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Natural Born Vagabond™ is a bilingual (English and Polish) site devoted to travel photography and journalism. Here you can find images and articles from our remote travels. The ambition of the creators is to share the best stories with those who crave wilderness and adventure. If you would like to share your opinions or travel stories please contact us via e-mail.


Caligula in Mikołajki

Caligula, Mikołajki. Photo by Dominika Durtan

Mikołajki, a small town in the Masuria region of northeast Poland — also known as the 1000-lakes region — is a winter lovers paradise. If you are looking for a secluded getaway, far from the fast and furious city life, and you do not fear harsh winter conditions, look no further. Peace and quiet are guaranteed. There, you can immerse yourself in your writing or other creative processes with no distractions from the outside world. While there, a must-try in the winter is the “kulig” (horse-drawn sleigh rides) followed later  with a bonfire and the cooking of homemade “bigos” (hearty hunters’ stew of Polish origin — i.e. it contains plenty of meat and cabbage — that is cooked for close to a week.). Locally-produced meads are also a tasty way to keep you warm in the winter months. And of course, the region abounds with great places for cross-country skiing where wildlife can also be often seen.

However, for many locals and tourists alike, the big attraction of this region in the winter is ice sailing. Competitive races on “boyers ” — so-called “ice yachts”, built to be light and typically made to hold just one person (and lying flat in a narrow cockpit just a few centimetres above the ice surface) — are one of the great spectacles of the region. While top engineered boyers running on wind (and nothing else) can achieve speeds of up to 230 km/h in perfect weather conditions, most often they tend to cruise at 100 km/h on normal race days.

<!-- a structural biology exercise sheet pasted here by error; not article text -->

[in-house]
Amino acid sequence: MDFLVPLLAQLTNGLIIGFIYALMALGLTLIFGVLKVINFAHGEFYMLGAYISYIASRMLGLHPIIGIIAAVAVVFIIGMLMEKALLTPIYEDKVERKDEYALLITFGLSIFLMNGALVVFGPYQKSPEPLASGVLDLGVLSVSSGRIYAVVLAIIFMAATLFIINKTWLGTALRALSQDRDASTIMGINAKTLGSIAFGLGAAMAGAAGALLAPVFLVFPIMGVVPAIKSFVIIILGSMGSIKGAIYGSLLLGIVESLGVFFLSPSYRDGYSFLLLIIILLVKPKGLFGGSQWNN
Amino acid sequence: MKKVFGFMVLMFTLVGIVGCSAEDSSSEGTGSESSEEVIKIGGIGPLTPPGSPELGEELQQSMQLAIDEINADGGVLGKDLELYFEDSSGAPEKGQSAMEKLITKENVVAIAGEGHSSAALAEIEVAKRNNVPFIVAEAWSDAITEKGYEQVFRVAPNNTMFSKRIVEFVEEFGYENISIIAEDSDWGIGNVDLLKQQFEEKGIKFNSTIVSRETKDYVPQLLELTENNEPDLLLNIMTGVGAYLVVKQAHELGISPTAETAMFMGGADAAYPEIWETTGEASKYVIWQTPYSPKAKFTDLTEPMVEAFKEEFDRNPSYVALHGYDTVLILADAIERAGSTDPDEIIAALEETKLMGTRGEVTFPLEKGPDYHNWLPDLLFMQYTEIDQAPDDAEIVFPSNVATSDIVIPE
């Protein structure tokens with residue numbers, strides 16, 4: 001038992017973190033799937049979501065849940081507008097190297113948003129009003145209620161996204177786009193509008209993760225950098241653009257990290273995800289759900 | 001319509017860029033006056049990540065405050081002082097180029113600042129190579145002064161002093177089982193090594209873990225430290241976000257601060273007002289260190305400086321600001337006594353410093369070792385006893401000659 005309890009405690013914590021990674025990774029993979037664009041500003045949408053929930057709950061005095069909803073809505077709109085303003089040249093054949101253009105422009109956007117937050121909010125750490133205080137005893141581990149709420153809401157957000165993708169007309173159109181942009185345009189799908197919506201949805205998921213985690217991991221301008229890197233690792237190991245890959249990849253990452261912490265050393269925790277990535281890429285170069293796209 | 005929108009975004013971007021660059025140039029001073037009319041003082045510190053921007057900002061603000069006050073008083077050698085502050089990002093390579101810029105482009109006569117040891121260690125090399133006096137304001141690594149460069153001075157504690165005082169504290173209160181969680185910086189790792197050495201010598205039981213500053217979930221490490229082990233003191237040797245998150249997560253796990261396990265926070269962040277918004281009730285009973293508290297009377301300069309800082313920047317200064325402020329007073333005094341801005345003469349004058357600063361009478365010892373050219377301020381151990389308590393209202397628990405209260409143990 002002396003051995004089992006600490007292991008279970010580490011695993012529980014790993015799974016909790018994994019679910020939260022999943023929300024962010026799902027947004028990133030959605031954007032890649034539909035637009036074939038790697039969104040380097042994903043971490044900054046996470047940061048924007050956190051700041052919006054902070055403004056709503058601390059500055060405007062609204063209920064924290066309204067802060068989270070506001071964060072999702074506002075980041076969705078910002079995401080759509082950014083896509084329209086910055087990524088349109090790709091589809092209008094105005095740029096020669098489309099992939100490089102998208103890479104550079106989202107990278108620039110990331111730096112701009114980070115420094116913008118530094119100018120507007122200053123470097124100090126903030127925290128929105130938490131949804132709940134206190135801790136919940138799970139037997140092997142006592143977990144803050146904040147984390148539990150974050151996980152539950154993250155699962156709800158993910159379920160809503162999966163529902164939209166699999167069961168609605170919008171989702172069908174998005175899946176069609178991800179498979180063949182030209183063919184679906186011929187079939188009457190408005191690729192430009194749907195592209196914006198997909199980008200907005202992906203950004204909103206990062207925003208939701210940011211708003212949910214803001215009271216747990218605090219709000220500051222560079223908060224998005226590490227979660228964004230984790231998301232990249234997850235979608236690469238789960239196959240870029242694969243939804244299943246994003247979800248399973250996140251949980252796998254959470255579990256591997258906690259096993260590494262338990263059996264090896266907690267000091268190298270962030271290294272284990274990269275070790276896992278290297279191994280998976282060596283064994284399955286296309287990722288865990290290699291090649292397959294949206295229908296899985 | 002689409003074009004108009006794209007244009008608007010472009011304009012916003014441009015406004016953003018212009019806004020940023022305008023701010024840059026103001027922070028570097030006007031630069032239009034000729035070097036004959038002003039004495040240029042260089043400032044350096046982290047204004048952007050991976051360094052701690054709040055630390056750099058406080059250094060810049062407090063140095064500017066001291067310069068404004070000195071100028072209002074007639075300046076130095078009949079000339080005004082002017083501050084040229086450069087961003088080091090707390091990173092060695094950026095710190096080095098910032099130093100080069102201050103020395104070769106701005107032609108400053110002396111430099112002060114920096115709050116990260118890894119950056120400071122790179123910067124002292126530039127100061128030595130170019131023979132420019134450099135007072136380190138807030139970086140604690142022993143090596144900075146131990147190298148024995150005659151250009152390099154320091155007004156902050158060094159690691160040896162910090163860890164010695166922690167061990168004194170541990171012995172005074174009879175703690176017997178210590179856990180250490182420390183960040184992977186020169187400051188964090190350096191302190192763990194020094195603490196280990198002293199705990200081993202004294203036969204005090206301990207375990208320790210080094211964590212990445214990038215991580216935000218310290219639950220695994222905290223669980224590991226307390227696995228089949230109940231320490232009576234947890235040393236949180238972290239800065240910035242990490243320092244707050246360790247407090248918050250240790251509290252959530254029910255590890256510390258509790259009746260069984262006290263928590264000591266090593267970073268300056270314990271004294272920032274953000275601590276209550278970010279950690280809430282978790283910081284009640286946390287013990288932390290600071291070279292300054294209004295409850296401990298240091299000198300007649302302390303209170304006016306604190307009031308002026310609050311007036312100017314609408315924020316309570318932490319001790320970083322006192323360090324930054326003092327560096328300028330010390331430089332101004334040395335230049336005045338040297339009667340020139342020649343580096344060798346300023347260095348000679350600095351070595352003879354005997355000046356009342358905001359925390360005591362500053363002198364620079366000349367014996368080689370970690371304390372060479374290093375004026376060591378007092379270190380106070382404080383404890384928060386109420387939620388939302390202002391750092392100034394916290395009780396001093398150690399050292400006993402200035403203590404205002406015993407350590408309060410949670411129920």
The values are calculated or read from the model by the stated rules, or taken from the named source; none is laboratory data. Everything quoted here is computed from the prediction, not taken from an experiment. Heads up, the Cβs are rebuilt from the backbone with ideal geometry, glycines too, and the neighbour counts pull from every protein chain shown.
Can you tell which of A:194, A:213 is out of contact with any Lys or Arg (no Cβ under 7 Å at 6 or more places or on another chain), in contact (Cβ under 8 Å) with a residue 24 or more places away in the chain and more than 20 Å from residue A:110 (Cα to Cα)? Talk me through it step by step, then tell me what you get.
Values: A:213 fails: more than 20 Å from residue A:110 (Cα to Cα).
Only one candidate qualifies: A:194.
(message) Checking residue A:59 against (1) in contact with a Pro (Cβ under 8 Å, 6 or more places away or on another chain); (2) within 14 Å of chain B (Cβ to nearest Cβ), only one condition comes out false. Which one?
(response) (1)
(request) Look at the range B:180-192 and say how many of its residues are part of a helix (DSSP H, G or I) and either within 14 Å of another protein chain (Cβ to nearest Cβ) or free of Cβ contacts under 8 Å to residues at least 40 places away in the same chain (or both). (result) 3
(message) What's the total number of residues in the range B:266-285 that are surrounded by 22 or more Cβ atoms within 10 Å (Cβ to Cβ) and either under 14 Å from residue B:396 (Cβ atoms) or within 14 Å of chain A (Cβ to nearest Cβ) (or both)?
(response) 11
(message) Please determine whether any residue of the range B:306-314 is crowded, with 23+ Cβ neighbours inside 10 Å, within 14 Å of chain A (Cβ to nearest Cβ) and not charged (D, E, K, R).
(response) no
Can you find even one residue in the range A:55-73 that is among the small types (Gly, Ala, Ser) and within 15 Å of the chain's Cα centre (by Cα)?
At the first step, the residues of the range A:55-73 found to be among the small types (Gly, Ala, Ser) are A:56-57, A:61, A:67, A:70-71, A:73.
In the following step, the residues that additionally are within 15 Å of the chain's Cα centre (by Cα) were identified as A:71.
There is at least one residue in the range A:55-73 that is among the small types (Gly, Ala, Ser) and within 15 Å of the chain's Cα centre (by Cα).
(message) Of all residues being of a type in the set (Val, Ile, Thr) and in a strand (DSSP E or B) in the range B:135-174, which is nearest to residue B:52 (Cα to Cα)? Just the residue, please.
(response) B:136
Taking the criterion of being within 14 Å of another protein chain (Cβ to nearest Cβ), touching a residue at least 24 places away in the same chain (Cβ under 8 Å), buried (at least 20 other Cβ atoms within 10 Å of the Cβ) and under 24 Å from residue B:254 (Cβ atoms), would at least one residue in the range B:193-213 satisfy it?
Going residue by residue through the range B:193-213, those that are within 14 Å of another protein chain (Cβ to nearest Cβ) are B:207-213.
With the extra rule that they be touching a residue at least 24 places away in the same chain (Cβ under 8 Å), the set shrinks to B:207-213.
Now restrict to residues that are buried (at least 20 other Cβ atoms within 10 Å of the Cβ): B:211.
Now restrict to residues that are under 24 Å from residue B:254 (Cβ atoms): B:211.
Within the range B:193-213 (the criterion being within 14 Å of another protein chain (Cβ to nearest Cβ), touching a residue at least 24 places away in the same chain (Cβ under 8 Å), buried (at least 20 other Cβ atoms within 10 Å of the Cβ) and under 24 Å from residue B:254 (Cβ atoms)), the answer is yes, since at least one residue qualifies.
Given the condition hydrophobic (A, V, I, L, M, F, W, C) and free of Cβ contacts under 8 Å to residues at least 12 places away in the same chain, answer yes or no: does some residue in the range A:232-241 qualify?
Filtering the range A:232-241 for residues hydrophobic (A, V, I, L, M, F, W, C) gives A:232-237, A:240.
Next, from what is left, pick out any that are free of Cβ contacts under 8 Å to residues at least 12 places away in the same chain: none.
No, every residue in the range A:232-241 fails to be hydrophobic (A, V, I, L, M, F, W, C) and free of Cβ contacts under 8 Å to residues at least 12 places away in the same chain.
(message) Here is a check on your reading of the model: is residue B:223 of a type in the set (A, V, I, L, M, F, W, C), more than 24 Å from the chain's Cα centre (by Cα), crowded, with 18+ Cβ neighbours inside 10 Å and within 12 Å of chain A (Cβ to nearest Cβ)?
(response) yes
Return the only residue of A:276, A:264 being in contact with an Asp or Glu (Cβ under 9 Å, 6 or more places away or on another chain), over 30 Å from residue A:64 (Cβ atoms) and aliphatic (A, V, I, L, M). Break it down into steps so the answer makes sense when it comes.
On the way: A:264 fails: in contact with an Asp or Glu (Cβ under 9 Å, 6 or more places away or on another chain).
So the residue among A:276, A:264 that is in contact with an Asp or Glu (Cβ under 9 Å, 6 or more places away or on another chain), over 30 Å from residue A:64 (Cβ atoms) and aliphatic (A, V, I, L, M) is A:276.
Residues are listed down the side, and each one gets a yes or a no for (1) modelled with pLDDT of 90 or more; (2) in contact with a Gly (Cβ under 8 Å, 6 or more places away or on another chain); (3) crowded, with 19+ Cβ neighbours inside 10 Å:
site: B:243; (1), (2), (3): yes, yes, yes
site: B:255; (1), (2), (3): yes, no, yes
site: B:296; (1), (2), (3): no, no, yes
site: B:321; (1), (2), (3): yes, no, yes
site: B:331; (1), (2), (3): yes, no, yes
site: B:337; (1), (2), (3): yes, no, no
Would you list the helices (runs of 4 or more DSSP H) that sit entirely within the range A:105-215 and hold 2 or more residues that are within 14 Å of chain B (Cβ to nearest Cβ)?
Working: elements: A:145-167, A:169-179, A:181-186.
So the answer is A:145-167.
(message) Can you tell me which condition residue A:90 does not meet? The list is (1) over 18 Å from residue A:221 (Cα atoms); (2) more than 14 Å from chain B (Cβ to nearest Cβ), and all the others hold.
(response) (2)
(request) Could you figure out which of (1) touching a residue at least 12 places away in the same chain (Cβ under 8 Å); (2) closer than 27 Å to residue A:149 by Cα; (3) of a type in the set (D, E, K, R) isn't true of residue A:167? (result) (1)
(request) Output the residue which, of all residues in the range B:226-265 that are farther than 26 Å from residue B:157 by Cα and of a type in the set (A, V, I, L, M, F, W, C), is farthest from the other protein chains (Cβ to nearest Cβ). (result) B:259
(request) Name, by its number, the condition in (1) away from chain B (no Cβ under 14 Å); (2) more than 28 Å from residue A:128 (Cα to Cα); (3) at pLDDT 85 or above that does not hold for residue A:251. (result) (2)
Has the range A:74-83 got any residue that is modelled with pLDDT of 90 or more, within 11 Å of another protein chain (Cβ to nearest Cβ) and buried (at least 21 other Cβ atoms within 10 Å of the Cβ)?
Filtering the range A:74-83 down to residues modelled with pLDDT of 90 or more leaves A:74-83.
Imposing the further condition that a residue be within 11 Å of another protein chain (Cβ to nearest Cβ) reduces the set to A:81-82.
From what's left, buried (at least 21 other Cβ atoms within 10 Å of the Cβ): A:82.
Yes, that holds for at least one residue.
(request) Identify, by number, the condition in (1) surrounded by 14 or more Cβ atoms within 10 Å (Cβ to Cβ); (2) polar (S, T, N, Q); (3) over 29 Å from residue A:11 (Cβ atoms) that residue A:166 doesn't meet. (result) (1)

For those familiar with the “ice-boating” community, the Masuria region is part of the circuit for racers as they swoop across northern Europe in search of the perfect “black ice” conditions, as well as to compete in the European and world championships for the sport. Nevertheless, in spite of ice boating’s growing in popularity, it remains the domain of hobbyists. Boats are typically built in garages or small shipyards by passionate enthusiasts who cherish the rush of racing on frozen lakes (and at the mercy of cold and wind) above anything else.

The below photo reportage taken in 2003 shows an unusual boyer: A giant ice yacht (in comparison with super light boyers in DN class) with a sail and a propeller engine that can hold several people while cruising on the surface of a frozen lake. This was taken during the boat’s engine test run. At the time it was the biggest boyer in Poland and aptly named “Caligula“.

Analog black and white photography by Dominika Durtan. Part of this photo reportage was published  in “Rejs, Magazyn Żeglarzy i Motorowodniaków” (February 2003), a magazine for the sailing community (which has since gone out of publication).

Caligula in Mikołajki

“Caligula” Photo by Dominika Durtan – 6th place in a Venice International Photo Contest 2007, Category: Sport & Dynamics/ Monochrome – www.VIPC.it

You can try your own luck with those marvel machines at the Caligula Guesthouse in Mikołajki, Poland.

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